A similar scenario can be observed in all states.
Given the dependence of central and state government revenue on taxes collected on petrol sales, it would be a difficult decision for the GST Board.
Central consumption tax and state value-added tax (VAT) account for nearly half of the retail price of petrol and diesel. Its status under the GST will affect revenue generation for states.
This 28 percent tax, which will be applied to distributor prices, will be shared between the Center and the States in equal proportions.
Despite the drop in sales due to the pandemic, the center's tax collection on petrol and diesel in 2020-21 increased by 88 percent to more than Rs 3 crore.
The center increased the tax fee by 13 rupees per liter on petrol and 16 rupees on diesel between the end of March and May 2020, when oil prices fell due to the pandemic.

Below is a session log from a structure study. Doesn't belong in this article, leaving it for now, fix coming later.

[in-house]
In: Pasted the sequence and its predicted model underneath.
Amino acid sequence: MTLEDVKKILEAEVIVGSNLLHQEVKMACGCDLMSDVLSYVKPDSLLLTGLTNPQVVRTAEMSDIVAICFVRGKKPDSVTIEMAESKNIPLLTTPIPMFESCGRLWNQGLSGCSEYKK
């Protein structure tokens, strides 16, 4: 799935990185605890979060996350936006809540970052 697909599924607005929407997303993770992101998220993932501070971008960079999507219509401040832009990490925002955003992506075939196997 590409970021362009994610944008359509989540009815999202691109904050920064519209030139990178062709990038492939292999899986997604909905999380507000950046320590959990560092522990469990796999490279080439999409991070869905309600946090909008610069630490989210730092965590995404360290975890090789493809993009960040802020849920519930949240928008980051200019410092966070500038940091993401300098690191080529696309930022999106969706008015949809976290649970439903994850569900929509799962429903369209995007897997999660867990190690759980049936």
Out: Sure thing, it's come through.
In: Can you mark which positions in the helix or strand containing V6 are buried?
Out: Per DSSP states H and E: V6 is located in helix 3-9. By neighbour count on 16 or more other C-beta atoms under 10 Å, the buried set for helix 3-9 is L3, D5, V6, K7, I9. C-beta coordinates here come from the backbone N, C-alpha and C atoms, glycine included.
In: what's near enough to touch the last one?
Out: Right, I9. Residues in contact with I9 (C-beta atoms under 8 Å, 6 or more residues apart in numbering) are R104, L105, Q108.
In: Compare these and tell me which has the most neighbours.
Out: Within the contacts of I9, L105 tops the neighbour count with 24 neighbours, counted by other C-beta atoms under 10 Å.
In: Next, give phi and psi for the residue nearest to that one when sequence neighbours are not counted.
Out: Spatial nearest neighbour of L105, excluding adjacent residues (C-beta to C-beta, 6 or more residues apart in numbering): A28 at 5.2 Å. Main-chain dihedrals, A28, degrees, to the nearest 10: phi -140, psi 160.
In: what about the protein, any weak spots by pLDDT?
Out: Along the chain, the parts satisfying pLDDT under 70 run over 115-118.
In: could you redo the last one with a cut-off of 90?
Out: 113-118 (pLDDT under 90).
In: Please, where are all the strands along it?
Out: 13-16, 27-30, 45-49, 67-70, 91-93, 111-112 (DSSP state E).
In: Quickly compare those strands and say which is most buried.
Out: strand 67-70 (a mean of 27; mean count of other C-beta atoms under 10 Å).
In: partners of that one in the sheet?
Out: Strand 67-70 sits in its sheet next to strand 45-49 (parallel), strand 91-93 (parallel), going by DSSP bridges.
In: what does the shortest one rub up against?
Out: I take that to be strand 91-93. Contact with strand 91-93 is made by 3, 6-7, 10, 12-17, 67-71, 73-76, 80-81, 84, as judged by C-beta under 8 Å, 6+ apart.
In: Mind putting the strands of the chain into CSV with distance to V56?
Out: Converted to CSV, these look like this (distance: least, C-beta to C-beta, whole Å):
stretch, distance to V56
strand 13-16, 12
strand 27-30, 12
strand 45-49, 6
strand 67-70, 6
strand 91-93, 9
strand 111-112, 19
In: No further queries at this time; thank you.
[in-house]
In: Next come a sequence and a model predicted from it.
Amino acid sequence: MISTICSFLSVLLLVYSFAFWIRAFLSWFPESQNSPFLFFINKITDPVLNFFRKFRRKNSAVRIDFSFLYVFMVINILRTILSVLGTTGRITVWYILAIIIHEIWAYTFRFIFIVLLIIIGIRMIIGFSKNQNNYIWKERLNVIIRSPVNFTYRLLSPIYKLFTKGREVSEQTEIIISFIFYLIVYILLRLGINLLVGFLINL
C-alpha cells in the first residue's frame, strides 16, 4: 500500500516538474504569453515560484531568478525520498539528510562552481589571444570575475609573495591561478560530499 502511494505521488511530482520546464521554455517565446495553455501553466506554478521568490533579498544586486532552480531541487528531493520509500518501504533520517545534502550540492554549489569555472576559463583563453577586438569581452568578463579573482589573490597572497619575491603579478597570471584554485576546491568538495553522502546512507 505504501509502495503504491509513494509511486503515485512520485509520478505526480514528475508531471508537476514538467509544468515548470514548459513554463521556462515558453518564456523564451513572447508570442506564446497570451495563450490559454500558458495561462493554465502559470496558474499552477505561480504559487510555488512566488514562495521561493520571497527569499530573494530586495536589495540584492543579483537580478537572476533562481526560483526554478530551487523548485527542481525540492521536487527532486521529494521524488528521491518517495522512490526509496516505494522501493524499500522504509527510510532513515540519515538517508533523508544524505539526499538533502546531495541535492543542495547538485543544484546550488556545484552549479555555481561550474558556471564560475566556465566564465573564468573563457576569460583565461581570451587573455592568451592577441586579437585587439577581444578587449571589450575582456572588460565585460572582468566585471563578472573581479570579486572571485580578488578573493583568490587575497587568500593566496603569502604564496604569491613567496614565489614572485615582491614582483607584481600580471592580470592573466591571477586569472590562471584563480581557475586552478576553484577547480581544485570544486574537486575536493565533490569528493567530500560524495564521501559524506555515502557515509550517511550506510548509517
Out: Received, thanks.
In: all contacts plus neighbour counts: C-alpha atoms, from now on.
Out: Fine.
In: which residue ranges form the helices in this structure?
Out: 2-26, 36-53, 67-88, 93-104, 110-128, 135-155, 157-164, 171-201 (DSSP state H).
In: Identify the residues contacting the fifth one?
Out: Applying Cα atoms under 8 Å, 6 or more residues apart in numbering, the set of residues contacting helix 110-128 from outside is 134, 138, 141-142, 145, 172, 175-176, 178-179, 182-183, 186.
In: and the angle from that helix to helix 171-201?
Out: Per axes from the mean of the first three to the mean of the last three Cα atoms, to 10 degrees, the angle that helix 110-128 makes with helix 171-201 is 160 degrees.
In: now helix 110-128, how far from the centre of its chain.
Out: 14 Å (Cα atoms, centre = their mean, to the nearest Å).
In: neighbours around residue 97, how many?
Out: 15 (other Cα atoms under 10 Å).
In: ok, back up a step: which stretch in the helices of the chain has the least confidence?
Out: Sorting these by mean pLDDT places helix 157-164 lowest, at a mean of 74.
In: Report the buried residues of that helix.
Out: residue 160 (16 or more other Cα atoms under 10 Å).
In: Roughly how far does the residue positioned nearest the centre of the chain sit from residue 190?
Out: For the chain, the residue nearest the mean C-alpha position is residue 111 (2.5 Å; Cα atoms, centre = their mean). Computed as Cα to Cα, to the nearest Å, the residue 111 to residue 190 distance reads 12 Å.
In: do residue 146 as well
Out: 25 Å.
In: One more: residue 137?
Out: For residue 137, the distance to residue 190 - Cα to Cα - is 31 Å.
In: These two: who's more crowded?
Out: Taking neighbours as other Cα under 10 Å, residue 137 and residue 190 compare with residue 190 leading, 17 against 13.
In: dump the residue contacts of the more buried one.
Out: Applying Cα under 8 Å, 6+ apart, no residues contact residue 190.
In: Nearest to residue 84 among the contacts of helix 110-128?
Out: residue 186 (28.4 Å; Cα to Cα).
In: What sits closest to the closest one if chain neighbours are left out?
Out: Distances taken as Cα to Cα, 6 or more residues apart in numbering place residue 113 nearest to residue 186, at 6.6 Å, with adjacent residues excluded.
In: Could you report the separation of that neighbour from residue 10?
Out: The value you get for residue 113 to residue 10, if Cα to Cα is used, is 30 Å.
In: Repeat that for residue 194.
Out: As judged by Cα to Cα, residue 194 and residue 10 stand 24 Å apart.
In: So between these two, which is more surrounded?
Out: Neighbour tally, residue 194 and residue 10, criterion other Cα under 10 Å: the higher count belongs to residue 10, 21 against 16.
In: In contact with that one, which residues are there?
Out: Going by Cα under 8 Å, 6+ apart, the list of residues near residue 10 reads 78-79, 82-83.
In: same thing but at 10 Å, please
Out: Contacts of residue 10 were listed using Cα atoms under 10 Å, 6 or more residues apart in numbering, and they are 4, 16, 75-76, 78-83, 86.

As a result, diesel collection doubled to Rs.2.3 crore from Rs.1,12,032 crore in 2019-20. Petrol cleaning increased by 53 percent to over Rs 1 crore from Rs 66,279 crore in the fiscal year prior to the pandemic, the government reported to Lok Sabha earlier this year.
Thus, the states, which have the largest share of tax revenue today, would be the biggest losers if the system switched to a GST.
Why are countries against including fuel in the GST?
The center and the states collectively collect more than Rs 5 crore in petroleum product taxes annually. It will not be easy to introduce petrol and diesel under the GST regime, as the states collectively will suffer an annual revenue loss of Rs 2 crore, Sushil Modi, BJP leader Sushil Modi told the Rajya Sabha while participating in a discussion on the 2021 Finance Bill.
Speculation about a GST on petroleum products has been met with opposition from certain countries.
Maharashtra Deputy Minister Ajit Pawar said the state government was against any move to infringe on their rights to collect tax and he would make his point clear at the GST Board meeting.